Tim Halinski, corporate counsel for T-Mobile, argued Monday that shot clocks are important to industry players, although he acknowledged the validity of Werner’s concerns. T-Mobile and other providers benefit from expeditious permitting processes, as they look to accelerate the build out of 5G wireless technology.

“There’s no one size fits all,” Halinski said, “But it’s at least the starting point and provides that predictability in deployment that we need.”

The comments come as the FCC fields comments on new standards that would streamline the division of costs between third party attachers and pole owners. Critics say the financial and time delay burden in getting access to these poles have slowed and will slow the expansion of broadband in the country.

In 2018, the FCC instituted shortened shot clocks for small wireless infrastructure projects: “60 days for review of an application for collocation…using a preexisting structure and 90 days for review of an application for attachment…using a new structure.” The commission said the new, limited timeframes would facilitate the deployment of wireless infrastructure.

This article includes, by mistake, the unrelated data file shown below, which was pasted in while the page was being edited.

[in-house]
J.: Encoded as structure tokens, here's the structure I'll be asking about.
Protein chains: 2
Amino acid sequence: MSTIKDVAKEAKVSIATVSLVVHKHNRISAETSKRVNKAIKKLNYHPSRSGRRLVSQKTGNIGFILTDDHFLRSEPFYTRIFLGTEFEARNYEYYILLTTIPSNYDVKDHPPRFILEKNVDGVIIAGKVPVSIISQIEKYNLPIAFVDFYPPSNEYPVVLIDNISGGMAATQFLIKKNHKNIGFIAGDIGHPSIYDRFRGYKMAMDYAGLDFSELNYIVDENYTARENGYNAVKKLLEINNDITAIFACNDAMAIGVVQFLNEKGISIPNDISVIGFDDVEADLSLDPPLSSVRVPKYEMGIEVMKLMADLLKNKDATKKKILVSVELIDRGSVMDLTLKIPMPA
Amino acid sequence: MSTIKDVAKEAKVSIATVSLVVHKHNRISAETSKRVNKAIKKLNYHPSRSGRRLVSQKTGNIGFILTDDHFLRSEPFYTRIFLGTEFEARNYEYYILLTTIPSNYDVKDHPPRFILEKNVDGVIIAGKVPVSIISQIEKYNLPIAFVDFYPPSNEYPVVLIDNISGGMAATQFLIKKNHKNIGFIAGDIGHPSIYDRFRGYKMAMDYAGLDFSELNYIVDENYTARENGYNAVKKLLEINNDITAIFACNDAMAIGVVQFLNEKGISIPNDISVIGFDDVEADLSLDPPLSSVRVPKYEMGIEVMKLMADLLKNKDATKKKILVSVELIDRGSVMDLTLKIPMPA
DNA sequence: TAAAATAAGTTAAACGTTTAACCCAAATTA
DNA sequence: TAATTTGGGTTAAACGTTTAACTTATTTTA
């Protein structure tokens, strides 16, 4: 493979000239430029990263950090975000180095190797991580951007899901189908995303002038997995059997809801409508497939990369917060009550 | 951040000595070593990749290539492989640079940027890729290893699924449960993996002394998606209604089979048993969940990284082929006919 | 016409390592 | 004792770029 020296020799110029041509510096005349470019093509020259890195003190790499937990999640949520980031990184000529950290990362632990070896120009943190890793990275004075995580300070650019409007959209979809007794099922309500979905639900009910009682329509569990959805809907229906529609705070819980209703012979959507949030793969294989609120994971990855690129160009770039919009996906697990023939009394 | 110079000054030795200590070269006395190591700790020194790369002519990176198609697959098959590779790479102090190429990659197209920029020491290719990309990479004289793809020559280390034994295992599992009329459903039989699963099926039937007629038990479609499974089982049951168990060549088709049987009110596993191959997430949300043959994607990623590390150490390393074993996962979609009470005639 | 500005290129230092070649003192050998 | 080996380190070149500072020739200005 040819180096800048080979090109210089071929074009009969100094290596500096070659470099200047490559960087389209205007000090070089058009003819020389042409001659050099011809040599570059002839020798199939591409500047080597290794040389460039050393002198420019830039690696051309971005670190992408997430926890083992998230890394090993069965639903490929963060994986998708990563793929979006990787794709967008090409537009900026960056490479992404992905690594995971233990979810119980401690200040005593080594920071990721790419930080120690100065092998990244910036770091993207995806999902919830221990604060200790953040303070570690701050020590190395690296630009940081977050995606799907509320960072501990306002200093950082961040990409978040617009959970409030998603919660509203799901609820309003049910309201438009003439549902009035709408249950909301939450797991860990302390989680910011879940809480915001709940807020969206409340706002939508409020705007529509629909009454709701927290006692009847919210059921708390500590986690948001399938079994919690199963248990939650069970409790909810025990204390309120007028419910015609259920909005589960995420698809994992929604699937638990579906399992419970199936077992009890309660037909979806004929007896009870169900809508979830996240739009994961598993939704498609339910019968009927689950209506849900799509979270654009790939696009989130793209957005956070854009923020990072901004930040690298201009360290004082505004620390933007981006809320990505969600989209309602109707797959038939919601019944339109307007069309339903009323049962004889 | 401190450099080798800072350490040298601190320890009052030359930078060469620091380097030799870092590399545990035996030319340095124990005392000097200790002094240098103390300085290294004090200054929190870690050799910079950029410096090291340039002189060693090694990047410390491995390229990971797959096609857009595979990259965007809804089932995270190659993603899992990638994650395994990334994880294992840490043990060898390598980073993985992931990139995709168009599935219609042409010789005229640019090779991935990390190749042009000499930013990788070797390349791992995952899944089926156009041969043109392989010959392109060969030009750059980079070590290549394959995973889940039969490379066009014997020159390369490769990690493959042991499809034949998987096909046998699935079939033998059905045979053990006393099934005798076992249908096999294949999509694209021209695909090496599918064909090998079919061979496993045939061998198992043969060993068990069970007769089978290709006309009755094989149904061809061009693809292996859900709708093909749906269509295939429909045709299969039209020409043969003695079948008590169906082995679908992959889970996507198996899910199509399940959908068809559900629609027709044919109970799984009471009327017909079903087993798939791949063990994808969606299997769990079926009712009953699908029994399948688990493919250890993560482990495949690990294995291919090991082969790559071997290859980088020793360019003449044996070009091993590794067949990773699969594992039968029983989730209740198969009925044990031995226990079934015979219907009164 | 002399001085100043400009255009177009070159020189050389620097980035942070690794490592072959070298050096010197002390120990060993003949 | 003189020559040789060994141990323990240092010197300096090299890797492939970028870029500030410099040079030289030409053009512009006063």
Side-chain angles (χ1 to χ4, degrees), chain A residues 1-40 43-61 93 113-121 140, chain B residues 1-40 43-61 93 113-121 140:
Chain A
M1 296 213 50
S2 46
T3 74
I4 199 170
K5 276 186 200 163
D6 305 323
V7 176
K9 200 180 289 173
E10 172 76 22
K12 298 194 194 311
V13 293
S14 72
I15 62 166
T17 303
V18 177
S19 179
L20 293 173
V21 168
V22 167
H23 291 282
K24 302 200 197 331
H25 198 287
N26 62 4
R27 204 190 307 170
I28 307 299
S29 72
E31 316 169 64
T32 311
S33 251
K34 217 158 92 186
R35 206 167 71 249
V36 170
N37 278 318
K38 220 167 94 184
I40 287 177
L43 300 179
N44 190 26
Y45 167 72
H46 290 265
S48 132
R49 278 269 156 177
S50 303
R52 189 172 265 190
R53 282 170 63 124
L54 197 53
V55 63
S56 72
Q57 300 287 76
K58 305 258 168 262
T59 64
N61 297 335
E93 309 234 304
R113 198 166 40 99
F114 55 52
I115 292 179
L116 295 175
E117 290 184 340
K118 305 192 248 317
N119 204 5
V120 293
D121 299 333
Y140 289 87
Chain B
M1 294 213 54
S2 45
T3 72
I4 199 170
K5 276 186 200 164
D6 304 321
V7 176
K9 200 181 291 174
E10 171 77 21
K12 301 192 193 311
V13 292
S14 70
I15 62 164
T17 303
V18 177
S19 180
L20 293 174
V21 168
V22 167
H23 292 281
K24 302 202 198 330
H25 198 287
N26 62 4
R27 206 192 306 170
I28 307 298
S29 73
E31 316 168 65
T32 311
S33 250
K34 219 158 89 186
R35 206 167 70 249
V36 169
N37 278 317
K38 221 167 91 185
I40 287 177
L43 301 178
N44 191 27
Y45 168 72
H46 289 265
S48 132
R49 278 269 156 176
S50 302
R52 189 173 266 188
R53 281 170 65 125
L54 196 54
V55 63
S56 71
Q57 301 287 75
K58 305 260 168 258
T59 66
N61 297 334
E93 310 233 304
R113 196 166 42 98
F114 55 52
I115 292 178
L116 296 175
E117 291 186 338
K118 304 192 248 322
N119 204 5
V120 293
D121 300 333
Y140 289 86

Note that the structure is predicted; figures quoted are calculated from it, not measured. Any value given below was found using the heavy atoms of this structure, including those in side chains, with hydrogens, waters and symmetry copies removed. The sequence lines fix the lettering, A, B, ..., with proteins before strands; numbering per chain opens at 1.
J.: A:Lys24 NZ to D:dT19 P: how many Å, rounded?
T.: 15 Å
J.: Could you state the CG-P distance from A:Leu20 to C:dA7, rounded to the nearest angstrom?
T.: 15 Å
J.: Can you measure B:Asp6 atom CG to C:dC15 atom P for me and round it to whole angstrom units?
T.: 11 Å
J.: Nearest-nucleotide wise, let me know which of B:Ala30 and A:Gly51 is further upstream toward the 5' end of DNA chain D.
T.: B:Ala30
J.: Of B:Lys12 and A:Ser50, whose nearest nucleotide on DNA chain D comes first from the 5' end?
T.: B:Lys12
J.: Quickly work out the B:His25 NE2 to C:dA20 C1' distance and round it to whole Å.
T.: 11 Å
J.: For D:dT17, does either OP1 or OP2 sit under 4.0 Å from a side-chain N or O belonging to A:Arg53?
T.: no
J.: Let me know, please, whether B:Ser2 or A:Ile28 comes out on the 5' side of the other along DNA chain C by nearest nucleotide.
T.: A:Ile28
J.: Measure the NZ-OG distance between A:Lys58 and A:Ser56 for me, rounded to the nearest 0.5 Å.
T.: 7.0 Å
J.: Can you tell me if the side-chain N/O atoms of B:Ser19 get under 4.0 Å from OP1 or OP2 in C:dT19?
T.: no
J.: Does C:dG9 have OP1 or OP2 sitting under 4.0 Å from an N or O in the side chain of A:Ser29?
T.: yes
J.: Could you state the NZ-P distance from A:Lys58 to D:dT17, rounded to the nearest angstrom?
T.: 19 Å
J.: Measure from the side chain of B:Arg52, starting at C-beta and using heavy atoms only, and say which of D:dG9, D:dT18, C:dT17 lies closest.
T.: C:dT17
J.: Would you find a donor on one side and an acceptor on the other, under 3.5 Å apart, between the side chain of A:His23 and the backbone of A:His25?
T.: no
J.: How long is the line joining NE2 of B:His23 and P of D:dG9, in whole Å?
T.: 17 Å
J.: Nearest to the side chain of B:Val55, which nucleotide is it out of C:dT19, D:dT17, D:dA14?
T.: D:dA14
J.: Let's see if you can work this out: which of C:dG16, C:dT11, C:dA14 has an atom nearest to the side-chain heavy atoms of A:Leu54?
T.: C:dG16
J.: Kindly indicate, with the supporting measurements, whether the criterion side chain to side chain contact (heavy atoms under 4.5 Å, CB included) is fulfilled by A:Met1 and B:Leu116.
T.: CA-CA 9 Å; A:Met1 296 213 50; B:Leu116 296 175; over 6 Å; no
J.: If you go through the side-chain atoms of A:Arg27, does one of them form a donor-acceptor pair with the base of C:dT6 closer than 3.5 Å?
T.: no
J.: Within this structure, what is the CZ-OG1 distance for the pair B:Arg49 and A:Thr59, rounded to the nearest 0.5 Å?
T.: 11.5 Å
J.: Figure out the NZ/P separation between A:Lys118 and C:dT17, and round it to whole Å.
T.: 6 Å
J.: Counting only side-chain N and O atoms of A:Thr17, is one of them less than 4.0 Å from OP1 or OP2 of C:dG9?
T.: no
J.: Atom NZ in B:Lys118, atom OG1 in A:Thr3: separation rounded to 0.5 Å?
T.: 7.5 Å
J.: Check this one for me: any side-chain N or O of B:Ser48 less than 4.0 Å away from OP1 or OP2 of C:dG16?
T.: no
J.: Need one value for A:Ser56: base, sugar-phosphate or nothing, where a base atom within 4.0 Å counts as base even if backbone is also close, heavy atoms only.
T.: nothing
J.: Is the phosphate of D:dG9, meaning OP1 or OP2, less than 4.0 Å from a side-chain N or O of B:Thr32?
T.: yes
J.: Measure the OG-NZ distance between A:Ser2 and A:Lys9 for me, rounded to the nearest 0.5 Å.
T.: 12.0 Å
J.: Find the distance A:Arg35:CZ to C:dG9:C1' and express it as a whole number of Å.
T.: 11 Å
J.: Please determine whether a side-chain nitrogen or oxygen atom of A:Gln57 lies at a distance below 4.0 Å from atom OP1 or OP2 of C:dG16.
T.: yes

The FCC’s revised shot clocks for small wireless deployments was but one portion of the agency’s so-called “Small Cell Order” of 2018, which aimed to promote the expansion of 5G. To accomplish this goal, however, the order sought to eliminate regulatory roadblocks by limiting state and local governments’ authorities over wireless infrastructure permitting and their own rights of way. This tactic drew criticisms from many experts and local officials.

Nonetheless, in August 2020, the United States Ninth Circuit Court of Appeals largely upheld the order in City of Portland v. United States.

“(The Ninth Circuit’s) decision is a massive victory for U.S. leadership in 5G, our nation’s economy and American consumers,” said then–FCC Chairman Ajit Pai shortly after the ruling. “The court rightly affirmed the FCC’s efforts to ensure that infrastructure deployment critical to 5G…is not impeded by exorbitant fees imposed by state and local governments.”